Fam Pract Manag. 2017 Mar-Apr;24(2):37.

Shop around for malpractice insurance

My practice has regularly sought bids before renewing most of our insurance policies to make sure we are getting the lowest possible rates. We began doing this after it became apparent that insurance companies generate substantial profits by gradually escalating their fees and relying on customers to simply renew each year.

Unfortunately, we never applied this review process to our malpractice coverage. I suspect it was because the company we used provided free tail coverage under its claims-made policy if physicians retired with the company but charged $14,000 for tail coverage if physicians chose to switch. At the time, the company was charging approximately $16,600 a year for a full-time family physician performing minor surgeries.

I contacted a competitor who quoted me $7,700 for the same insurance, plus a 20-percent dividend reduction, bringing the price to $6,160 per year. That is a savings of approximately $10,000 per year, or $300,000 over the course of a 30-year career. The new insurer also agreed to provide the tail coverage on the transfer of the policy for free.

I strongly recommend that all physicians review their malpractice insurance rates every few years to ensure they are getting the most equitable coverage. Not doing so may cost you dearly over the course of your career.

Use a scoreboard to help your team accomplish its goals

It is not enough to simply set goals for improvement. Teams also need to stay motivated and keep moving toward their goals.

One way to do this is to track your progress using a simple, highly visible scoreboard that immediately tells you if you are winning (or not) on key measures. This should be designed to motivate, not punish.

That said, you should create accountability. At a weekly team meeting, review the updated scoreboard and have team members make a commitment for the coming week (i.e., “What one or two things can I do this week that will affect our scoreboard the most?”). At next week's meeting, team members report if they met their commitments. This isn't a punitive exercise; the point is to move your team forward.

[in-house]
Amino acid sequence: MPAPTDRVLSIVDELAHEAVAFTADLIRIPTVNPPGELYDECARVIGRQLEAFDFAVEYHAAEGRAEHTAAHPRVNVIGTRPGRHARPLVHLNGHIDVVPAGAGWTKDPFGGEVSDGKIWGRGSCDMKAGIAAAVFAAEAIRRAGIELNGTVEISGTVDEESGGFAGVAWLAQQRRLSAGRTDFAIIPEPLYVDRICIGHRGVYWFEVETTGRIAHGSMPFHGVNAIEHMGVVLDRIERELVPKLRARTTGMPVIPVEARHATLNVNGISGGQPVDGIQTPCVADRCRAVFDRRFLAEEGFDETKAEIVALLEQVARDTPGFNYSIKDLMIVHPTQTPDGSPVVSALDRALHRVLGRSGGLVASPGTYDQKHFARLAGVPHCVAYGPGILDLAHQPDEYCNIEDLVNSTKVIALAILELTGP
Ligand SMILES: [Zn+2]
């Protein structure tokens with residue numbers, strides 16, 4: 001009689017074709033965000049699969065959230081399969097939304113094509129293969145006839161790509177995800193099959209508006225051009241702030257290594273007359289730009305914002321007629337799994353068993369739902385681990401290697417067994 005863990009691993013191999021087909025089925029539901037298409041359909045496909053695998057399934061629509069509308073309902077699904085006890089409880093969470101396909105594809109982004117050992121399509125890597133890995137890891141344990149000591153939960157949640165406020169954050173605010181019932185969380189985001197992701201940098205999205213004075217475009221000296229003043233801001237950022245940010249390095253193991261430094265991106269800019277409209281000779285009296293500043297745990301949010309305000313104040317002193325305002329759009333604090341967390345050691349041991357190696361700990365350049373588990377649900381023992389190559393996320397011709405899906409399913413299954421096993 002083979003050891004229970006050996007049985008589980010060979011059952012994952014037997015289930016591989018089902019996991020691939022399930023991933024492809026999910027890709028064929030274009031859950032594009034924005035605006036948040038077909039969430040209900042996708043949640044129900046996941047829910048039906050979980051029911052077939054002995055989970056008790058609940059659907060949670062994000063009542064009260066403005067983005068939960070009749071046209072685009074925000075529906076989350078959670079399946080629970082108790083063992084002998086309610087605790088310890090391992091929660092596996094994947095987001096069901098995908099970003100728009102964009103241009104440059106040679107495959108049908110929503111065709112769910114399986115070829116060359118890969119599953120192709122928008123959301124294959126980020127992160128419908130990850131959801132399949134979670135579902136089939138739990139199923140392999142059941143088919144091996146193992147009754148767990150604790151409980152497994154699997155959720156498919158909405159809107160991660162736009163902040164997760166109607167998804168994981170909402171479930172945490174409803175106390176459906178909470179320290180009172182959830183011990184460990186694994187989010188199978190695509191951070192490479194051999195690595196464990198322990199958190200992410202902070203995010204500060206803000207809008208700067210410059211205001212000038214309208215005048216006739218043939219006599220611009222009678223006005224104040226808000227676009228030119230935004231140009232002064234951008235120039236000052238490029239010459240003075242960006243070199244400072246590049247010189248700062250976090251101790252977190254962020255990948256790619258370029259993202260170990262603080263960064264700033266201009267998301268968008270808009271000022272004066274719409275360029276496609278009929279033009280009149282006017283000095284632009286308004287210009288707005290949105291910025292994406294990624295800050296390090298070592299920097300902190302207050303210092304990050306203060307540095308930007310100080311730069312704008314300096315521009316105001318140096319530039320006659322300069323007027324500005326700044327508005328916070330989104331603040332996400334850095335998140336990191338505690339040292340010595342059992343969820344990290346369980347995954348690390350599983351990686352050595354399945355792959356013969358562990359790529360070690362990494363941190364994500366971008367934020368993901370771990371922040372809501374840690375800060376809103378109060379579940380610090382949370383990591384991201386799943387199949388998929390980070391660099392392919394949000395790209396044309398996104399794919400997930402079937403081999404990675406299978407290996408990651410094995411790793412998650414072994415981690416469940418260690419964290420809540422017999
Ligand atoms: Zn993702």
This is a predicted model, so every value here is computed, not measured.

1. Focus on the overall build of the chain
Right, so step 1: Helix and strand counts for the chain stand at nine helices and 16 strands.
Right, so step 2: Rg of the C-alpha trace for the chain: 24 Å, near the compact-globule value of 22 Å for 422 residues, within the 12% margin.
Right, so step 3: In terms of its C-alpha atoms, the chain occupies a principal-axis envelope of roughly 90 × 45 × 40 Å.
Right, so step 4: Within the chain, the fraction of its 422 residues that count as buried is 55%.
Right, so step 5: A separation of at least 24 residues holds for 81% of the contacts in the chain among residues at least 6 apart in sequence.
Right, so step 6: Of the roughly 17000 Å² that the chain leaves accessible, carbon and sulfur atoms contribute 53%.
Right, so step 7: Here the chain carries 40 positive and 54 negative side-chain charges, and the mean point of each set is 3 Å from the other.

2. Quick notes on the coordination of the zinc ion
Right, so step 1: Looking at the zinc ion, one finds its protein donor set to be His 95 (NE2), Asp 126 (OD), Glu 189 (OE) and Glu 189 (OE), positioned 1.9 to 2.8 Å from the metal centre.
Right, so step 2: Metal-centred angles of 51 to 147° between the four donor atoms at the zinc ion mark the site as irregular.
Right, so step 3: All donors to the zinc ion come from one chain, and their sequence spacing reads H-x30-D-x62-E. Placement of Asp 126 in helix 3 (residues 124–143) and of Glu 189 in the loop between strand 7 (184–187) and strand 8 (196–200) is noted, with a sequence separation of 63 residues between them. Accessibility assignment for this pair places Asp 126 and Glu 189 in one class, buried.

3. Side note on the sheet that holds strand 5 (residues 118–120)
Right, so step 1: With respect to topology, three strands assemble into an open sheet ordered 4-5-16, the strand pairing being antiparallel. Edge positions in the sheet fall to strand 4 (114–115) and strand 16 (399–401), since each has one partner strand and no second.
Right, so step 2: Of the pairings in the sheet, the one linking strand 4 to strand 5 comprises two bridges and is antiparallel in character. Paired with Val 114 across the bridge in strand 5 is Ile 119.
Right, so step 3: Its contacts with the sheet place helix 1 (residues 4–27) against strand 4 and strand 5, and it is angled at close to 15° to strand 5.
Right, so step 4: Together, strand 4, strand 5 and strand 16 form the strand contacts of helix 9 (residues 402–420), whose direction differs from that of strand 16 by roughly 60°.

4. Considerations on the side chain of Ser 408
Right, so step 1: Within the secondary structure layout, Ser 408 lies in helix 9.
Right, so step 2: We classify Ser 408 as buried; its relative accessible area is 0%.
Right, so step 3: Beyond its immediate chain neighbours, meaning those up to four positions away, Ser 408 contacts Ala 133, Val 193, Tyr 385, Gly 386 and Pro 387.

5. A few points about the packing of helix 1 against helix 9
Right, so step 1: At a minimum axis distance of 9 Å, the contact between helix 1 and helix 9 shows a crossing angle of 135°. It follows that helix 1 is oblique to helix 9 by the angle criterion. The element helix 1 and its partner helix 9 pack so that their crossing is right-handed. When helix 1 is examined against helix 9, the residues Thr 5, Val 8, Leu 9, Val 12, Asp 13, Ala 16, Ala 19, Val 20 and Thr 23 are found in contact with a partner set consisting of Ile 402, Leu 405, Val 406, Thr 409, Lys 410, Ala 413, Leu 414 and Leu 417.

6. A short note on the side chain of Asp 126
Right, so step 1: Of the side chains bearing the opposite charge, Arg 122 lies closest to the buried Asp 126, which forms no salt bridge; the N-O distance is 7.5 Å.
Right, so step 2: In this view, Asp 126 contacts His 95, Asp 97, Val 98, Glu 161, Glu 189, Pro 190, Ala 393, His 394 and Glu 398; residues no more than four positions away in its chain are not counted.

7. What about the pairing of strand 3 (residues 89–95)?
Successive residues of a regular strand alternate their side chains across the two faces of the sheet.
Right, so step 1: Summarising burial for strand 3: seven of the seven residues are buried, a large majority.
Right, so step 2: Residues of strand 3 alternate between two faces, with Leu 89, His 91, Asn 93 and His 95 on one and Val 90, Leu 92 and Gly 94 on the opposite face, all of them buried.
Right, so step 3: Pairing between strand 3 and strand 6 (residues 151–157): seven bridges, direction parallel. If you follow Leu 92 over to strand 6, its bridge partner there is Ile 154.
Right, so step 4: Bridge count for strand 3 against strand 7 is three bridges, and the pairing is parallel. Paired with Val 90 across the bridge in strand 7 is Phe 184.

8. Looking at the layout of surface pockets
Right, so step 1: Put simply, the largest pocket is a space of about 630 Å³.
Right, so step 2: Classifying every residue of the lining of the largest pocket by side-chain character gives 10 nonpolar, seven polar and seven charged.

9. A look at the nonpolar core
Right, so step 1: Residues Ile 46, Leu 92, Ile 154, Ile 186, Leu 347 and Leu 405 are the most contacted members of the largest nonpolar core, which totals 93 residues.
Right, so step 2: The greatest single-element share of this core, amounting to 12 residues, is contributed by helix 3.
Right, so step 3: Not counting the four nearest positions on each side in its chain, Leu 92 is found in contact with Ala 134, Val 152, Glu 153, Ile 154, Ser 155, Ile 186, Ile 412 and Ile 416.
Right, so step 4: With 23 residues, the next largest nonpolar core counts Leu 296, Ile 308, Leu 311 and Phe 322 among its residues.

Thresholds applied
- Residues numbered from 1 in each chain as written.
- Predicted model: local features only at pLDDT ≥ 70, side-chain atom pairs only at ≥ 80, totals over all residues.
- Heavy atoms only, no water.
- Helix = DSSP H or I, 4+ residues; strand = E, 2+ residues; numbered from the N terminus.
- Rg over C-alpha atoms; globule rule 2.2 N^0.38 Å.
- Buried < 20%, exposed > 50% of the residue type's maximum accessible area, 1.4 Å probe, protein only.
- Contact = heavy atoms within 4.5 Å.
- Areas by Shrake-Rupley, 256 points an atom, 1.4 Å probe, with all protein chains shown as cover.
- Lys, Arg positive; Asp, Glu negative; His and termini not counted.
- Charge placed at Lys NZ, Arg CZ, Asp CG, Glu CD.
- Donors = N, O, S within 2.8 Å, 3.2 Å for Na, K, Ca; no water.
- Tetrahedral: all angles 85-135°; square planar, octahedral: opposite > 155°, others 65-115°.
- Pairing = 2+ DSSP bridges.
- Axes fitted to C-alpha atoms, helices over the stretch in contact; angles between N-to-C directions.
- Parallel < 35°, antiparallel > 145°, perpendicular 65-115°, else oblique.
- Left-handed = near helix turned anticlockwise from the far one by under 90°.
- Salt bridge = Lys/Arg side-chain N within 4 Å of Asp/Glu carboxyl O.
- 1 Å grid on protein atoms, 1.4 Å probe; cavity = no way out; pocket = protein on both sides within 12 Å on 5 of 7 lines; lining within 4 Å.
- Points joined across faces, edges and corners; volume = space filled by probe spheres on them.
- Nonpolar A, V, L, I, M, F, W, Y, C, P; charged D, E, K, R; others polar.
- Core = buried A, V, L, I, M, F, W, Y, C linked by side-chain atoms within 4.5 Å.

Covey S, McChesney C, Huling J. The Four Disciplines of Execution: Achieving Your Wildly Important Goals. New York, NY: Simon & Schuster; 2012.


Physician orders and transitional care management


Does Medicare require explicit, written physician orders before a practice provides transitional care management (TCM) services? A recent Medicare Learning Network (MLN) article about physician supervision of TCM services said, “The required face-to-face visit must be furnished under a minimum of direct supervision and is subject to applicable State law, scope of practice, and the Medicare Physician Fee Schedule (PFS) ‘incident to’ rules and regulations. The non-face-to-face services may be provided under general supervision. These services are also subject to applicable State law, scope of practice, and the PFS ‘incident to’ rules and regulations. The practitioner must order services, maintain contact with auxiliary personnel, and retain professional responsibility for the service” (emphasis added).


Nothing in the MLN publication or Current Procedural Terminology requires a written order for TCM services to commence on the patient's discharge. The italicized text refers to services physicians may order and follow up on within the TCM period. Physicians can order these additional services, such as home health or meals on wheels, immediately upon discharge; they do not have to wait for the face-to-face visit.


Practice Pearls presents readers' advice on practice operations and patient care, along with tips drawn from the literature. Send us your best pearl (250 words of less), and you'll earn $50 if we publish it. We also welcome questions for our Q&A section. Send pearls, questions, and comments to, or add your comments below.


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